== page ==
It’s important to test both the individual components, and the system as a whole.
Component-only Testing vs. Systems-tested and Listed for Safety
Testing multiple components together as one working system for safety is paramount. Having individual components, some with safety approvals and some without, combined to work as one “product” without a system test can be dangerous.
For example, using a controller that does not have the proper fuse size (for current protection) or wire harness gauge could lead to system damage, shock or even fire. When a solar lighting product or system does not carry a recognized mark for safety, all major electrical components (solar panel, controller, battery, fuse protection, etc.) should carry a safety mark.
Self-Imposed Safety Marks versus Independent Safety
A CE Marking is a European marking of conformity indicating that a product complies with all applicable European laws or directives. The European Community established the CE marking system to ensure free movement of products between member countries and to remove internal barriers to trade. The CE marking is legally required in the European Union (EU) and applies to a variety of product categories.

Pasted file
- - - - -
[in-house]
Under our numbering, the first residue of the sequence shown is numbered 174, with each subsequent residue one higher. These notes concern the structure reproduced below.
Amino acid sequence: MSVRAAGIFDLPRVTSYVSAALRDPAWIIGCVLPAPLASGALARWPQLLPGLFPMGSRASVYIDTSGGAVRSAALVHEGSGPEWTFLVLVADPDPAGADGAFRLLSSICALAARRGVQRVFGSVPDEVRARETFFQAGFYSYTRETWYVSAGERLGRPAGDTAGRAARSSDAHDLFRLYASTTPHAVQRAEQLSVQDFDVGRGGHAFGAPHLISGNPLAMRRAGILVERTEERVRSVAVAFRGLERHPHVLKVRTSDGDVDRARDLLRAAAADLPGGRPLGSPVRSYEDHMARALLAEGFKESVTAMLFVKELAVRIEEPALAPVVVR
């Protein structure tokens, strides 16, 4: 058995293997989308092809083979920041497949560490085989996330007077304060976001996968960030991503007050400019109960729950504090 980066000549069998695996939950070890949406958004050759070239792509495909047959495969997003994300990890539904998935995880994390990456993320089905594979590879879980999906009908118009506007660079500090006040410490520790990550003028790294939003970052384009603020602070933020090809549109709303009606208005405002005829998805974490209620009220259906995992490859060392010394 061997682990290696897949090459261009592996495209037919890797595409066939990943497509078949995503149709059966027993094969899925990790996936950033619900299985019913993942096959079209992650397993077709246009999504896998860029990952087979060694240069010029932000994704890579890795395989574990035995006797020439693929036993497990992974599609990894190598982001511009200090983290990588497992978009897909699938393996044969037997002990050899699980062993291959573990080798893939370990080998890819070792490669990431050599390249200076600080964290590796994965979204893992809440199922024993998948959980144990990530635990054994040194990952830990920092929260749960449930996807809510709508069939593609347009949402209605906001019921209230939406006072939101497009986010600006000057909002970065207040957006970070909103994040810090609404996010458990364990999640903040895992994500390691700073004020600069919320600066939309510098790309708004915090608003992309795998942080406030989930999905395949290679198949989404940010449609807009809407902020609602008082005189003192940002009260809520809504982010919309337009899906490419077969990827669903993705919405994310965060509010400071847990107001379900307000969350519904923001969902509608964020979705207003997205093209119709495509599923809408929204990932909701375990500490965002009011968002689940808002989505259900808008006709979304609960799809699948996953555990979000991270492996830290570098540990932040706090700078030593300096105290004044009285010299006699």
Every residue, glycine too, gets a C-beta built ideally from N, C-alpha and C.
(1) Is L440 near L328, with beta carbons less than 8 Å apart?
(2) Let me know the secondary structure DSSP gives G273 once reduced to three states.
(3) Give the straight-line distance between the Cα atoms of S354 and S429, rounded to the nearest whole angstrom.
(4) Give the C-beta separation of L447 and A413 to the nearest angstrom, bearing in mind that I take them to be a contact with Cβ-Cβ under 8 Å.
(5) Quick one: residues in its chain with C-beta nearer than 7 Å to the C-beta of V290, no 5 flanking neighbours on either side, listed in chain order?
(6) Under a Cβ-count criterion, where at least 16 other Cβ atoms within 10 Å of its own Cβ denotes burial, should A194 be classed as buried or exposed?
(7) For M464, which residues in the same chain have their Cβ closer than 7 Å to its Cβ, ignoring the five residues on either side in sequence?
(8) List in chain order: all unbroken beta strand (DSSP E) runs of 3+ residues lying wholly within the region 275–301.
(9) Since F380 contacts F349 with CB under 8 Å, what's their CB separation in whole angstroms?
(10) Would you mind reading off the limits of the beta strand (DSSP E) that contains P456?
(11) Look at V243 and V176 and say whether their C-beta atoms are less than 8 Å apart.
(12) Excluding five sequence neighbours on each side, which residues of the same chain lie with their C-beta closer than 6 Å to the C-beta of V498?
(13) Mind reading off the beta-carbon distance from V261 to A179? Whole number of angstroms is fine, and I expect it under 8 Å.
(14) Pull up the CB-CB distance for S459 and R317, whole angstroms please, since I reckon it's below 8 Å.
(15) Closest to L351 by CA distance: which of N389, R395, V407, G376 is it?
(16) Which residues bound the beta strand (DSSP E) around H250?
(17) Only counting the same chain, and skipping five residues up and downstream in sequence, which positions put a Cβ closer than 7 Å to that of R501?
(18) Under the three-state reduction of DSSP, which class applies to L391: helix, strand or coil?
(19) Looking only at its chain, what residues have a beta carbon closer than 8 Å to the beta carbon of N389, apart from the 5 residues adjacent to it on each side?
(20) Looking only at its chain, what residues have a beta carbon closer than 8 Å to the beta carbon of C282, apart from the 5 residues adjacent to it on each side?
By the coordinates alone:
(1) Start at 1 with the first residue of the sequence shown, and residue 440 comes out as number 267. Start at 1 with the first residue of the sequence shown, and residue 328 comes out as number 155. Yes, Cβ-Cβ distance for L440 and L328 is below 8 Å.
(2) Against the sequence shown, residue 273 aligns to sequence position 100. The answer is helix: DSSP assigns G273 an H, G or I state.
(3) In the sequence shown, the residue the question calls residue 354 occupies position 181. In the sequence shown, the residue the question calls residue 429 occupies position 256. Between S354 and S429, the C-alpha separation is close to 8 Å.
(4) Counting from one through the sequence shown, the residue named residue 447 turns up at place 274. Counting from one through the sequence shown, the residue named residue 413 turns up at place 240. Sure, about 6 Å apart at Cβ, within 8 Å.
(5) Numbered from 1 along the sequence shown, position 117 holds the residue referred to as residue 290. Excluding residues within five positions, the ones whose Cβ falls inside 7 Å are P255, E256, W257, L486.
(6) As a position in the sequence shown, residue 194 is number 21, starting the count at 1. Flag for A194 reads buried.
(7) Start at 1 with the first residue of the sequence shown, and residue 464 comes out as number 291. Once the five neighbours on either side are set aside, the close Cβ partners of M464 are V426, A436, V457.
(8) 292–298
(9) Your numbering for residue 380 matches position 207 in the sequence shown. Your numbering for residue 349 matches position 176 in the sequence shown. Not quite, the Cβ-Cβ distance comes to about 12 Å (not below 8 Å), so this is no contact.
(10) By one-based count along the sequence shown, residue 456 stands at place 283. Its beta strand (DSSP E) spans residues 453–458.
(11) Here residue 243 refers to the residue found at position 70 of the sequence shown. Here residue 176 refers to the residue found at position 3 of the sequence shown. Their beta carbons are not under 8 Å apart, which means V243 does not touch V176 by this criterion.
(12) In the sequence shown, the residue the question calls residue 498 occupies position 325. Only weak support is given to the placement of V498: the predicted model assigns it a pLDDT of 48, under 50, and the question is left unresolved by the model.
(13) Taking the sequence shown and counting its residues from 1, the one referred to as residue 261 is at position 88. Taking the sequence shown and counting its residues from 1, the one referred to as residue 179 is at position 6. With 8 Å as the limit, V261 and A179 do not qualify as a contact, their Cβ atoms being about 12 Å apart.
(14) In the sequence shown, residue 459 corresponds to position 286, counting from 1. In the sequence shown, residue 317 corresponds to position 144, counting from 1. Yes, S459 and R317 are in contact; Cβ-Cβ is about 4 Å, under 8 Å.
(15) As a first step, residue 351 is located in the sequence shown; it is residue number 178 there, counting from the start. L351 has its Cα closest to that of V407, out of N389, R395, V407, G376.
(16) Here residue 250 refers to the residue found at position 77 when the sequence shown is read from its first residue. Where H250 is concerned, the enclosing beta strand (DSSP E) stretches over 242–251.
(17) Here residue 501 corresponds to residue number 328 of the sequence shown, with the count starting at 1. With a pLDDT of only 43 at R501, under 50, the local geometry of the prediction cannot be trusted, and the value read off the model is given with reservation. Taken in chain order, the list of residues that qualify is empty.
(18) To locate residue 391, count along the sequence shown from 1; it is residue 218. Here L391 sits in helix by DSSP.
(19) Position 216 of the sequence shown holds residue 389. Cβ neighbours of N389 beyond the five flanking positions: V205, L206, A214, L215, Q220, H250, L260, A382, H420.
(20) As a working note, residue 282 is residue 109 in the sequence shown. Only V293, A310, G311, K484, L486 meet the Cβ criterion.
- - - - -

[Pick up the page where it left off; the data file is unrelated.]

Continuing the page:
Most products bearing the CE mark are not required to be third-party certified and are not subject to ongoing factory surveillance of production. As a result they may not be compliant with applicable U.S. product safety standards and they are not considered to be a listed product as defined in NFPA and ICC model codes and standards.
Examples of OSHA recognized NRTLs include UL, CSA, FM, TUV and ETL. UL is an independent third party organization that has no bias nor sales goals to achieve. UL has a rigorous testing phase and conducts regular factory audits to ensure manufacturers maintain minimum safety standards to ensure consumers are receiving a tested, safe system or product.
For further information on the differences between UL and CE please visit their website.